I deliberately went mobile first because A) that’s the immediate channel where I saw a product/market fit, and B) it allowed Control to capitalize on the less competitive world of ASO (app store optimization) vs SEO (search engine optimization). All of our growth, to the end of 2014, was accumulated by organic search via the App store.
You’re actively expanding your team. What are you looking for when hiring?
I’ve been working in software and product development for a number of years at a level where I was hiring and managing staff. There’s a certain instinct about hiring that’s learned only with experience. Beyond my gut, I also highly value education. Whether it be university degrees or coding bootcamps, I like hiring employees who are constantly learning.
What has been your biggest challenge to date?
Definitely fundraising. Control has a compelling story and attractive growth numbers, but being Canadian, our good ideas tend to get overlooked by the capital cores south of the border. In my opinion, we don’t yet have a mature VC industry in Canada to finance startups completely independently of US involvement. I remember being on calls with VCs from the Valley, pitching my heart out, and hearing feedback that we would never get traction on people actually paying for the service; meanwhile my Control app on my phone would be blowing up with sales.
What about your biggest win?
Acquiring my closest competitor early on — the app that had originally inspired me to create Control — with a creatively constructed win/win deal structure I designed myself.
Being a founder/CEO can be tough. Do you have any rituals to keep you grounded, focused, or motivated?
While I practice meditation to keep my emotions grounded, I also constantly work on increasing and optimizing my emotional IQ. These two behaviours seem diametrically opposed, but they’re actually in perfect harmony.
I do have one specific ritual: my partner bought me a pair of navy blue socks with dollar signs printed on them, which I always wear when pitching to investors.
How do you stay on top of FinTech news and trends?
I literally read everything I can get my hands on, but my go-tos are Fast Company, The Economist, Harvard Business Review, and Bloomberg (I have monthly subscriptions to all of them). I also spend a minimum of one hour a day catching up on news feeds from Venture Beat, TechCrunch, and PYMTS.com. I also like to read business books that bend my brain in slightly different directions such as The Black Swan by Nassim Nicholas Taleb, and Malcolm Gladwell’s work.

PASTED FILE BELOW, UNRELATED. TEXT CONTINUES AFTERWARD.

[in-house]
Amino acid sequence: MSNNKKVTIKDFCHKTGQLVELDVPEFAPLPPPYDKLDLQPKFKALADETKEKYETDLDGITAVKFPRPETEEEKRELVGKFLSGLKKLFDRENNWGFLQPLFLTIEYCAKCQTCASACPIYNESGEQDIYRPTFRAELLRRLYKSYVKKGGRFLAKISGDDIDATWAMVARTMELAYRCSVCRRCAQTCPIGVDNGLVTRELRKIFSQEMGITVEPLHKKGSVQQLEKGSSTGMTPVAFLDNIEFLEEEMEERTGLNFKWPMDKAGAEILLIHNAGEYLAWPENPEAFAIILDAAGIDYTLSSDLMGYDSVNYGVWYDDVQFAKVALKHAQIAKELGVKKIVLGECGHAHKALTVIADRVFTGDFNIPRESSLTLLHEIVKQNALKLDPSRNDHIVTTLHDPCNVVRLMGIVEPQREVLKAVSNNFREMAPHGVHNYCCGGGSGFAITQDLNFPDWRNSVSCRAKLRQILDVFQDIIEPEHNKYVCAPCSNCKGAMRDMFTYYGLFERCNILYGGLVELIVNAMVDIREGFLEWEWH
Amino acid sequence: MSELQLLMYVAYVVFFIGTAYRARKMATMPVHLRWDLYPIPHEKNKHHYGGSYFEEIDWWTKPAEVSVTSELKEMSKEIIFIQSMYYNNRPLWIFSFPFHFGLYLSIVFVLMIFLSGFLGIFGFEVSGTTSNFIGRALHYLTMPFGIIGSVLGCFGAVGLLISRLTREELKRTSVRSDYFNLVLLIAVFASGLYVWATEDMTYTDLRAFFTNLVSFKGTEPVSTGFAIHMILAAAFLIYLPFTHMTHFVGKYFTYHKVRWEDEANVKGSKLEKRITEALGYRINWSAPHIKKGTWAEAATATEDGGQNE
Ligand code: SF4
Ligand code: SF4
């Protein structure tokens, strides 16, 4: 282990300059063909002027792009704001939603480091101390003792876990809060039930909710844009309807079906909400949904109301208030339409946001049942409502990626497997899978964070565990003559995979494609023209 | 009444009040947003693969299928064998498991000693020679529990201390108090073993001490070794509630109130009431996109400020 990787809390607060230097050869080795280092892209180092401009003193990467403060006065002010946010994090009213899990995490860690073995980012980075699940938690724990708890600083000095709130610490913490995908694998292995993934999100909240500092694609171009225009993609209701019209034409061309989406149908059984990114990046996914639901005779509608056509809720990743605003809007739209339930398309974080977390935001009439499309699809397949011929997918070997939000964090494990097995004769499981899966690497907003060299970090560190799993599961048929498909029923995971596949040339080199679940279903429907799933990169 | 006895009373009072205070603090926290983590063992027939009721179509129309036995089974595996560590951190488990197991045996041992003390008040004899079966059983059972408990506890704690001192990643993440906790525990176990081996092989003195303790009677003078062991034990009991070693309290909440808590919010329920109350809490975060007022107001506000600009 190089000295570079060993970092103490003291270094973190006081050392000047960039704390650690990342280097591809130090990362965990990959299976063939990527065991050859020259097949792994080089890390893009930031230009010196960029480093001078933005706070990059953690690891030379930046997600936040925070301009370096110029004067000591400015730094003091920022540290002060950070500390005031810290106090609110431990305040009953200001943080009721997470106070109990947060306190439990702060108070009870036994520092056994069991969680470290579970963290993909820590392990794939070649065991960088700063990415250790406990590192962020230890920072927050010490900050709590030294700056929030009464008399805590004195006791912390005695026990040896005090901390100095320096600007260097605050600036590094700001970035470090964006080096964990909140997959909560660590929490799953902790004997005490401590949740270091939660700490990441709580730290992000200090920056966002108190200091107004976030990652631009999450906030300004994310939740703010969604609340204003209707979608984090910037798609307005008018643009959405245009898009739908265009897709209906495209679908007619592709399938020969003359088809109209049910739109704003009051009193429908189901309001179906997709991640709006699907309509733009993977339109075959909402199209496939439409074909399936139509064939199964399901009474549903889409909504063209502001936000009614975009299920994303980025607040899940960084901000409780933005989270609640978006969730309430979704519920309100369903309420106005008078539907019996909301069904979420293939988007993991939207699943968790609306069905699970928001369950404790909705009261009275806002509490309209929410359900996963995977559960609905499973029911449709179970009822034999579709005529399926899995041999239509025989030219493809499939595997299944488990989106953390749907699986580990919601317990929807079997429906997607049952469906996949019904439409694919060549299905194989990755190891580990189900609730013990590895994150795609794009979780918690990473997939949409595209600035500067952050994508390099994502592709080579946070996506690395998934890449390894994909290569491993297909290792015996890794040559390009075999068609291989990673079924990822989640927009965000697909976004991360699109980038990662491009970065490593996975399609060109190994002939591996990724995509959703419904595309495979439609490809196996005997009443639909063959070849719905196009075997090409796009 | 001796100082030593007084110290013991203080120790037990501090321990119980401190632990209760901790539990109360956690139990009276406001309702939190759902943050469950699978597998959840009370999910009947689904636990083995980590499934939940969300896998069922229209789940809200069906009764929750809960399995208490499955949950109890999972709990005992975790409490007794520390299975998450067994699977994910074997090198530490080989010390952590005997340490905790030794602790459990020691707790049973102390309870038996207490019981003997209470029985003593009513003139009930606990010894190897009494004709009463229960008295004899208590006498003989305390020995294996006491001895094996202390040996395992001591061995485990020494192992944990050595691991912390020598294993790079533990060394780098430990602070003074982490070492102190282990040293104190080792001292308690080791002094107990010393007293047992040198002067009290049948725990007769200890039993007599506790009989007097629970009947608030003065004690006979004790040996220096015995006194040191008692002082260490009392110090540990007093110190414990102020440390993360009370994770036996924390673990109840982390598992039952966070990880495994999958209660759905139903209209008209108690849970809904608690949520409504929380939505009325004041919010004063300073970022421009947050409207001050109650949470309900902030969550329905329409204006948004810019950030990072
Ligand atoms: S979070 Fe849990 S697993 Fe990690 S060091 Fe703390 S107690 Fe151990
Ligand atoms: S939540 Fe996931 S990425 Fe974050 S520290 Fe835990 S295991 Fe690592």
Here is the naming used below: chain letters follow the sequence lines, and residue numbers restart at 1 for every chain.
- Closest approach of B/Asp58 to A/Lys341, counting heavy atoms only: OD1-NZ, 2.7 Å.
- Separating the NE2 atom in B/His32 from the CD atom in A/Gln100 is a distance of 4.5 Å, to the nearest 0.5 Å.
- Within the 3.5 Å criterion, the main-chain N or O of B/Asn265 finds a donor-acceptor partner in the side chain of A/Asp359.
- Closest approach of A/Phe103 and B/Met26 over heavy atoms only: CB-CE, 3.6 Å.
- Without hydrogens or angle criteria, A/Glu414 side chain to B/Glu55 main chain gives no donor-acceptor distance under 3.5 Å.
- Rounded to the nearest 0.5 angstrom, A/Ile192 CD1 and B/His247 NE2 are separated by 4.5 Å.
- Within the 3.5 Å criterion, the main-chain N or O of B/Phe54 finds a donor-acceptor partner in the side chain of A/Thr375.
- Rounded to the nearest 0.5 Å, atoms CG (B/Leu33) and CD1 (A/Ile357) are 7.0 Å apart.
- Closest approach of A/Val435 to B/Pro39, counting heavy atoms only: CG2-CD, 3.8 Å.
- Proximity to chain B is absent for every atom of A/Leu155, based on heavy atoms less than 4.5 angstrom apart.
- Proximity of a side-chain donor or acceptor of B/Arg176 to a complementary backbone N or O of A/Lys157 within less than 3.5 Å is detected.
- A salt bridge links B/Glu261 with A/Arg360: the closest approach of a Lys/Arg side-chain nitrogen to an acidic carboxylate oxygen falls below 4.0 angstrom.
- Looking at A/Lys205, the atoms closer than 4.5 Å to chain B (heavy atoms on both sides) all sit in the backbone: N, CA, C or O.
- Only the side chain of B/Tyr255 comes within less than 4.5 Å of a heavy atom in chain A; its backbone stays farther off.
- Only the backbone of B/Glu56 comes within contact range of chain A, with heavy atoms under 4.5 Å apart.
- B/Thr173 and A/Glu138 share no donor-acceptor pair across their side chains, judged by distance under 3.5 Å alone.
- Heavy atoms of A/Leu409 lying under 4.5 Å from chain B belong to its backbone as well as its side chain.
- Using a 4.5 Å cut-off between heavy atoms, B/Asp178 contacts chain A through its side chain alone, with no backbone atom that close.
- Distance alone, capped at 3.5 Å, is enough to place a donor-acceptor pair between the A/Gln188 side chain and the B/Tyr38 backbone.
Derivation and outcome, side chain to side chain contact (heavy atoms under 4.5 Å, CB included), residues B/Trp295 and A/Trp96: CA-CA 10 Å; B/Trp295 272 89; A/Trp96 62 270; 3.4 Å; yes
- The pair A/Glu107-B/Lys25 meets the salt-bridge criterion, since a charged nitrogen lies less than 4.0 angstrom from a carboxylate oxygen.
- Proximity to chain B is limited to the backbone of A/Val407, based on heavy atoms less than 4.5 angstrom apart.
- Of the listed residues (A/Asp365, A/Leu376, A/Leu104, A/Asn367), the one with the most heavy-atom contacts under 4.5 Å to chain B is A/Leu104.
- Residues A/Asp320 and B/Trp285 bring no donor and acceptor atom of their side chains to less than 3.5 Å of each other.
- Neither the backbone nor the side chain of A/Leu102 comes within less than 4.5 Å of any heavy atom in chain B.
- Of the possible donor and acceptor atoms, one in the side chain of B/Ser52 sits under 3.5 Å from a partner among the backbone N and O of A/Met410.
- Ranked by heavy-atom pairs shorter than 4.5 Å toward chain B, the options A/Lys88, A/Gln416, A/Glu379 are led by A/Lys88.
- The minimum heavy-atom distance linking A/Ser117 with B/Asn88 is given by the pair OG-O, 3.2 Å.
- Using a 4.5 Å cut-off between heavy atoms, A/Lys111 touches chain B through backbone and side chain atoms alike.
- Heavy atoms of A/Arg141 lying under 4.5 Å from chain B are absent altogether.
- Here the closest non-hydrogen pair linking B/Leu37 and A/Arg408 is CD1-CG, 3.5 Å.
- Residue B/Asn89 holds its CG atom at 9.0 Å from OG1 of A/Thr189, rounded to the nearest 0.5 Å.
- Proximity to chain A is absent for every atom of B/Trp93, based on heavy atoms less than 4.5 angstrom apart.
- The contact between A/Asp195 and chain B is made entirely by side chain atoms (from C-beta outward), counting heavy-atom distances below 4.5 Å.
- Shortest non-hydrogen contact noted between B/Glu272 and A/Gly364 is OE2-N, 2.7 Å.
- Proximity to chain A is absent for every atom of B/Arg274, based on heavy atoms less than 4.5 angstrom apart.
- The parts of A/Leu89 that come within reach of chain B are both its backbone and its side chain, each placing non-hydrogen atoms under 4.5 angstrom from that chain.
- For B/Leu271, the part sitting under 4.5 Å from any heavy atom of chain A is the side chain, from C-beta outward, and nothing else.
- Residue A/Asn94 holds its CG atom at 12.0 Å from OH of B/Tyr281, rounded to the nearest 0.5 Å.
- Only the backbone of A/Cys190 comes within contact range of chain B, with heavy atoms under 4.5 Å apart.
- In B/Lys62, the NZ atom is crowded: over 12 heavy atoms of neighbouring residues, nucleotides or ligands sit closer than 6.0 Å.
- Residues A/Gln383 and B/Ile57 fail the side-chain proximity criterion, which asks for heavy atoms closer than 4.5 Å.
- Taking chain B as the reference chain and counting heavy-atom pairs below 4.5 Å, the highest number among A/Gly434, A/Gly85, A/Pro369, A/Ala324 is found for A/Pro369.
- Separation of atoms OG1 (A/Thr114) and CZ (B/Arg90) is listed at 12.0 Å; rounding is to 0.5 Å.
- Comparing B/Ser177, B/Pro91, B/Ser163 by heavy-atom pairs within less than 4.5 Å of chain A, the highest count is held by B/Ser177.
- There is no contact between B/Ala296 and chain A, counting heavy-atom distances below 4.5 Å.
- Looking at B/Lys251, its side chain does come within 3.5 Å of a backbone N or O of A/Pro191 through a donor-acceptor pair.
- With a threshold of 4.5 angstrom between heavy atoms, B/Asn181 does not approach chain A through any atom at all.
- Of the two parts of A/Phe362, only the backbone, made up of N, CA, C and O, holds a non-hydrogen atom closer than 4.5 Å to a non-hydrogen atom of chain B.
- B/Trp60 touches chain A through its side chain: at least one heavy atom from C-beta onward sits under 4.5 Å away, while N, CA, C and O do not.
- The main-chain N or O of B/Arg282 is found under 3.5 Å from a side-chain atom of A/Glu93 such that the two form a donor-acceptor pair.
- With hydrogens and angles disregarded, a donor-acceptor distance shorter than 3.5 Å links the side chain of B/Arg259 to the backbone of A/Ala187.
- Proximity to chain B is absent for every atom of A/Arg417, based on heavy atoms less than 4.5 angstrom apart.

Who’s a founder that inspires you?
Jan Koum, the CEO of WhatsApp. The WhatsApp story is compelling, regardless of whether you agree with their valuation. He wasn’t an Ivy League, privileged elite. His mom brought him to the US from the Ukraine for a better life, where she supported the family as a cleaner. When both his parents died, he relied on social security for basic necessities. He later signed the $19 billion deal with Facebook on the office door where he used to collect welfare.
I always like the story of the underdog who does well. We all face our own personal adversities and the ones who rise above regardless of the odds are the true entrepreneurs.
What advice can you give other entrepreneurs based on your own learnings, or advice you’ve received?
A lot of people choose the path of entrepreneur or CEO of a startup because they’re fiercely independent and resist accountability and authority. The sooner you realize your value is directly dependent on the richness and depth of the network of people around you, the shorter your path to success.
About Kathryn Loewen
Kathryn started her career with Citigroup Europe, developing Citidirect, one of the first online banking systems. She then worked in the high velocity world of online gaming, where she was the director of product management for eCommerce and risk management applications. Kathryn moved from developing software to selling eCommerce applications for SAP, engineering solutions for customers like Apple and Toyota. Kathryn considers herself a payments fanatic, and wrote her MBA Thesis on “Launching Mobile Banking Apps in Emerging Markets.”